This book is odd. It is set up as a memoir, but it's not. The author takes a fictional account of his family and includes the Arthur legend in it with some Shakespeare thrown in. It shouldn't have worked, but honestly the book as a whole really does work if you read the play first (it's in the back) and work back through the fictional introduction by the author talking about him wanting to show the world about his father. And as we know about the Arthur legend, it is ultimately a tale of fathers and stand in fathers.
Starting with the play, this is written by Shakespeare and looks into Arthur being the son of the King Uter Pendragon and a noblewoman that Uter raped. After Uter's death, Arthur's right to rule is challenged by heir to the crown of Pictland, Mordred. Mordred's father is King Loth who refuses to go to war with Arthur. This play is about how of course these two men to do go to war. And how Arthur is brought low due his love of a woman who caused him to forget that above all else he was king.
I honestly think this book would be cool to borrow just to read the play itself. I do think though that the play does not read like Shakespeare at all to me. Maybe because I recently got done reading 10 of his plays. But, for me, it was very nice mimicry.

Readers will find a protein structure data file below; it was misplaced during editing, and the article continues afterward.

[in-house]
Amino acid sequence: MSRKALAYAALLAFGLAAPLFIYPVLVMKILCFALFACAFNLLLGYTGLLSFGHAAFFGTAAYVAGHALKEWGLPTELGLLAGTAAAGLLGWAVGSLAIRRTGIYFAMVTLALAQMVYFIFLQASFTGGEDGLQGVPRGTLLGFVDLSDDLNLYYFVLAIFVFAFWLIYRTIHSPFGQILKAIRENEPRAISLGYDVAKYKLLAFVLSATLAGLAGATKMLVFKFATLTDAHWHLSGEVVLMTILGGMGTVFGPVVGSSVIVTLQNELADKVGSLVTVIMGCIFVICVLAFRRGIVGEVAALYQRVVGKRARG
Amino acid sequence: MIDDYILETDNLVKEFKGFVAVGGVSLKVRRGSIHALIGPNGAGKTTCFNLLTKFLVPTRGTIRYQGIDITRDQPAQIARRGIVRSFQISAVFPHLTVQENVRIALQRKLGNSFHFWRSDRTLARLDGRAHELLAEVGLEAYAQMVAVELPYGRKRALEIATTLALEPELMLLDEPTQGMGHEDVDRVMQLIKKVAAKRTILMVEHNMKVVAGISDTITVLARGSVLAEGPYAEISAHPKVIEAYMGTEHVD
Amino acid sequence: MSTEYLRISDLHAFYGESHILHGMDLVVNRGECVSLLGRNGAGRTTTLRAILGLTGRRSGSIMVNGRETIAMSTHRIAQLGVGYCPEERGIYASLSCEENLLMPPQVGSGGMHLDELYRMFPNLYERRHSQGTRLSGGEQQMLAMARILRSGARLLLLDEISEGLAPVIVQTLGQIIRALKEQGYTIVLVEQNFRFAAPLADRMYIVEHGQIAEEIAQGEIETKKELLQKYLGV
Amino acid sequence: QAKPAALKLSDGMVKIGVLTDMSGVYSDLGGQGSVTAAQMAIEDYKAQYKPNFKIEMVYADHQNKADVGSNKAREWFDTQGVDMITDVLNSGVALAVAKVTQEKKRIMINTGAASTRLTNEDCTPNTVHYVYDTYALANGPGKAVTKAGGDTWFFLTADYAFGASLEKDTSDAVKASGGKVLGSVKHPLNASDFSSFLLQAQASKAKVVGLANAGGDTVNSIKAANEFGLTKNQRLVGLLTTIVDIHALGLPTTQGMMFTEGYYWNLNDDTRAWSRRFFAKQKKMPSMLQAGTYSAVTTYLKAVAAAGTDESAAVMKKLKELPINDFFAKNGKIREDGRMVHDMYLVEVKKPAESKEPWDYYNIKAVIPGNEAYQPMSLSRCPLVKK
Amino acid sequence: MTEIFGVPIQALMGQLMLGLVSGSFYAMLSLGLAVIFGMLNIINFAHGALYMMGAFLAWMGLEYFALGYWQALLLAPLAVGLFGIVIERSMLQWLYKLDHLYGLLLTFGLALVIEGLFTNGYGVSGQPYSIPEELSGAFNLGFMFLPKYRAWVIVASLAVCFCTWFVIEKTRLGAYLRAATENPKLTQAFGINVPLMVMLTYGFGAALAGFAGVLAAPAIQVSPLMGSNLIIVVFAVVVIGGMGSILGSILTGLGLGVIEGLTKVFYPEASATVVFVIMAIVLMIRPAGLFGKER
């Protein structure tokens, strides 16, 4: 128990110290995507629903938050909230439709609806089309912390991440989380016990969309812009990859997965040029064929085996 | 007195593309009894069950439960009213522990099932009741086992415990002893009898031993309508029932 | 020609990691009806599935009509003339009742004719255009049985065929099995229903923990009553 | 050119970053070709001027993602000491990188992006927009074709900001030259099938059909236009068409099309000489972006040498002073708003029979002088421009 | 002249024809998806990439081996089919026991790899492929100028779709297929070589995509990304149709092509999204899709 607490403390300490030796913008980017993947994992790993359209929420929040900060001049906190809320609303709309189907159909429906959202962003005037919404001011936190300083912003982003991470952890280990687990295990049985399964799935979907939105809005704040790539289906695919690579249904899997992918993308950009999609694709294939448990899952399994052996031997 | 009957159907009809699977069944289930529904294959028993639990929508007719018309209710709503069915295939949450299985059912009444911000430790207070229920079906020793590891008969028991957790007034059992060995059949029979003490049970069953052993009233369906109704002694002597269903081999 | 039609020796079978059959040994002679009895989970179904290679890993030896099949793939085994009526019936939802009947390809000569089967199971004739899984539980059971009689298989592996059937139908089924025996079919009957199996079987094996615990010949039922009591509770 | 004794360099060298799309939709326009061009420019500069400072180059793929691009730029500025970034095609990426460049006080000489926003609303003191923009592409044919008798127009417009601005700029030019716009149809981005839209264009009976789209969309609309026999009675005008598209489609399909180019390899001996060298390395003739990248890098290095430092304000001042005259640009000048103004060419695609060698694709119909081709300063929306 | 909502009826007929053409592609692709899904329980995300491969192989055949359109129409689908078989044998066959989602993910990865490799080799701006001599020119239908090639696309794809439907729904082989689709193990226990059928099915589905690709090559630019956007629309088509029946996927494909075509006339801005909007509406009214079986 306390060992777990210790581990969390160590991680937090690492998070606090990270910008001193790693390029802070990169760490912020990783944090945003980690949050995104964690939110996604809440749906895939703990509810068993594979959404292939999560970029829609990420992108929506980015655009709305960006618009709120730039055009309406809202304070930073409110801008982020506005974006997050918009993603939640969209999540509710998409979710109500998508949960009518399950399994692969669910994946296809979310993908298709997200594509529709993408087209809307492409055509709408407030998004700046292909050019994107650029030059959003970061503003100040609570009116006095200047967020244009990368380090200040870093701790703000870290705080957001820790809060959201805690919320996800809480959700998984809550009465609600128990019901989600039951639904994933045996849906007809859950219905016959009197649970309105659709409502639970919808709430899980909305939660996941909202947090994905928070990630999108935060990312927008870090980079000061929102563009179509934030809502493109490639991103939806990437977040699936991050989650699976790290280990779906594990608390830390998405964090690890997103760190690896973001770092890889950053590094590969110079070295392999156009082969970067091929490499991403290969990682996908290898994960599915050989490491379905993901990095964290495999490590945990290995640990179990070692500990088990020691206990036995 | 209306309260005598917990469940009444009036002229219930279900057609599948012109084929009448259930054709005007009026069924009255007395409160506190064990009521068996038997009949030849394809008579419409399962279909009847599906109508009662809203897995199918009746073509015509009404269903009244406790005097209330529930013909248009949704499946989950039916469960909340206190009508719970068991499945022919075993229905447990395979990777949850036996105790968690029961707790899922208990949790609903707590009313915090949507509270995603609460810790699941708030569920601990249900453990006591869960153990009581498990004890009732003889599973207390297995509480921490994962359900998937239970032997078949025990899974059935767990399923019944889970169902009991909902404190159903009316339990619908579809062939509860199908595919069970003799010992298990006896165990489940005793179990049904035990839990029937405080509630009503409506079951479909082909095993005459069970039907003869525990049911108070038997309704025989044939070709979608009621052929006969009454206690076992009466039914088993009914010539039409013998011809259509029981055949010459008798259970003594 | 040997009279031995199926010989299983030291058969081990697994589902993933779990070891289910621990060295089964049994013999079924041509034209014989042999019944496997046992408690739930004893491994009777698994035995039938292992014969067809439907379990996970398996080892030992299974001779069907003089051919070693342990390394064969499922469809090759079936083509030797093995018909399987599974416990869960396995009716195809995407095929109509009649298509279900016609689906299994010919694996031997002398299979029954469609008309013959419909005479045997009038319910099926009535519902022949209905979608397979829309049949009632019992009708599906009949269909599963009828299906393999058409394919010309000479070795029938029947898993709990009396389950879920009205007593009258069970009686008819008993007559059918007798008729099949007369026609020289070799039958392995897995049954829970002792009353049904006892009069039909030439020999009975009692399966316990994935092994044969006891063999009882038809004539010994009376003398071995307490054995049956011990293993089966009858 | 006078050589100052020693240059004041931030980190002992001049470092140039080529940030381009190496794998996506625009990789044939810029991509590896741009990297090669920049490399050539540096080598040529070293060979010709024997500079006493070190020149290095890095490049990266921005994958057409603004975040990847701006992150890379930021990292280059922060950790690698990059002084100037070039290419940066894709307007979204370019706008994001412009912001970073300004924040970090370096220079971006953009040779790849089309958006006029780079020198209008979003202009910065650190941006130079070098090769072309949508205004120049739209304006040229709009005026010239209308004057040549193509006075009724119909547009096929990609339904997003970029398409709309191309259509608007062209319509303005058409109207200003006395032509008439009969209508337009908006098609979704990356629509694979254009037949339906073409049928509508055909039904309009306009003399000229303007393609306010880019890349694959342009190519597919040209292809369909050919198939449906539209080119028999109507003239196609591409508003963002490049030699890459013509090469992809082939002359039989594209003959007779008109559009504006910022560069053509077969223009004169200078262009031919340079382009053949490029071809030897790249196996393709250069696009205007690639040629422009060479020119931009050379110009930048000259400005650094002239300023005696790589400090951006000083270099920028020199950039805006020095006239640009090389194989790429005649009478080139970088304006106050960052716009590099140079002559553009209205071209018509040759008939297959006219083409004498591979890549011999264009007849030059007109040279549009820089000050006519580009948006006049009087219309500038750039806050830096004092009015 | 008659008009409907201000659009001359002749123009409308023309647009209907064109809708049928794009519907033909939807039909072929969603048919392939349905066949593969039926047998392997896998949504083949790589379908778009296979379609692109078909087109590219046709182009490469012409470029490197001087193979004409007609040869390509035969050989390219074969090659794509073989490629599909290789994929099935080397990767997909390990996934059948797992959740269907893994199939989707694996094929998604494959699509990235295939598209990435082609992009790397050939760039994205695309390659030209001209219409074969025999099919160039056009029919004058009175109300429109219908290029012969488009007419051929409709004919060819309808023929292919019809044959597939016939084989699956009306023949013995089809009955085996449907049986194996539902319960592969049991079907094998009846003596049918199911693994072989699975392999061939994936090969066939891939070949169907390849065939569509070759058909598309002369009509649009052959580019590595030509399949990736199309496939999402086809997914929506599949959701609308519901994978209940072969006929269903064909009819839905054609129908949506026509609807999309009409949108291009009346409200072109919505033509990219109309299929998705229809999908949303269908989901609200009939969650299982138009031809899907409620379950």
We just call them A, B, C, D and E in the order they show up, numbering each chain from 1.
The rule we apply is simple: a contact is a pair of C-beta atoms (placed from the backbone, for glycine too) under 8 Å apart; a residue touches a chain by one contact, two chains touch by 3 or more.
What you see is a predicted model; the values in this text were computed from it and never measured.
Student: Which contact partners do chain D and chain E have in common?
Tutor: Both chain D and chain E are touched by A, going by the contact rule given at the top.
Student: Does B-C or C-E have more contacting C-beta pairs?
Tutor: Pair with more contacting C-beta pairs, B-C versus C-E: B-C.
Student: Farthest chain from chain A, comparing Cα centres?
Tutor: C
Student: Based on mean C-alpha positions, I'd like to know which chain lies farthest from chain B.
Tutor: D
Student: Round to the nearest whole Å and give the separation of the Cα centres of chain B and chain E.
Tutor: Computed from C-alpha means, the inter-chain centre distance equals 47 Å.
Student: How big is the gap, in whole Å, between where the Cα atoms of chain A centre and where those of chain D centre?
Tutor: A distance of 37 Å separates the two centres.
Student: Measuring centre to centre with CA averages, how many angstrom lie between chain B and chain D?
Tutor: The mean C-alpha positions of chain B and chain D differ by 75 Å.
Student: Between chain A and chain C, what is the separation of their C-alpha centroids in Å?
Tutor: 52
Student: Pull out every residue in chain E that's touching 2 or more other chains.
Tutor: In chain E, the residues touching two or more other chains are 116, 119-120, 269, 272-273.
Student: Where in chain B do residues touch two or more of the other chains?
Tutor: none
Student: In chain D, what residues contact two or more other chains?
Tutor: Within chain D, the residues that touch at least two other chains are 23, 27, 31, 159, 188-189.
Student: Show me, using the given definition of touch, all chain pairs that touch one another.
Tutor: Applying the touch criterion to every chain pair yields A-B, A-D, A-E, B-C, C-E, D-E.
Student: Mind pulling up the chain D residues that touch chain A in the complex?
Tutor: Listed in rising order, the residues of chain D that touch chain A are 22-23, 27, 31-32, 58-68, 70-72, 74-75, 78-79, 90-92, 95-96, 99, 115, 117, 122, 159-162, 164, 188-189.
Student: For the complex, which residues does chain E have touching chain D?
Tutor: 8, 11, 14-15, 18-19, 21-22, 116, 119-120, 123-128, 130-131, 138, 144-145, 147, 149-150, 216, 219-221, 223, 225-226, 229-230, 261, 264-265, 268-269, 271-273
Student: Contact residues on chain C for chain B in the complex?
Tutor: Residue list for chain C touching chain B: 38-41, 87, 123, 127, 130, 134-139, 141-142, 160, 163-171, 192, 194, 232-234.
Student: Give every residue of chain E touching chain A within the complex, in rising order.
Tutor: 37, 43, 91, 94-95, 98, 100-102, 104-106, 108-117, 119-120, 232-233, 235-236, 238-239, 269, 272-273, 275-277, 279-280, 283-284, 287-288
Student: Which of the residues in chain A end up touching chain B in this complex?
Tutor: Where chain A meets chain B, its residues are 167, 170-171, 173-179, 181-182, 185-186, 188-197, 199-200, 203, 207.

Then you go back to the introduction by Phillips who begins to tell the tale of his father who is a forger. Arthur's father is in and out of jail for most of his life and eventually when he is younger, his mother divorces him and marries someone from her hometown. Arthur and his twin sister Dana have a lot of ups and downs through the years. Though twins, they differ on the subject of their father. Dana defends him and Arthur I find saw through his father the most.
Eventually though, the introduction does turn into a mini-walk though Shakespeare here and there. You have some references to A Midsummer Night's Dream and Twelfth Night.
We have the character of Arthur trying to be honest and I thought this faux memoir was very well done. We get to see an imperfect man and husband and father. And yes even son and brother. But I think he also shone a light on an imperfect family that refused to acknowledge the truth about each other.
In the end, a twist worthy of Shakespeare has Arthur out in the cold away from his family. That was the one part that didn't feel real to me. It also didn't make sense his own mother would somehow go along with things. And the character of Petra really didn't evolve more beyond somehow being the perfect woman. I thought she played a lot of games and I didn't much care for her or Dana in the end.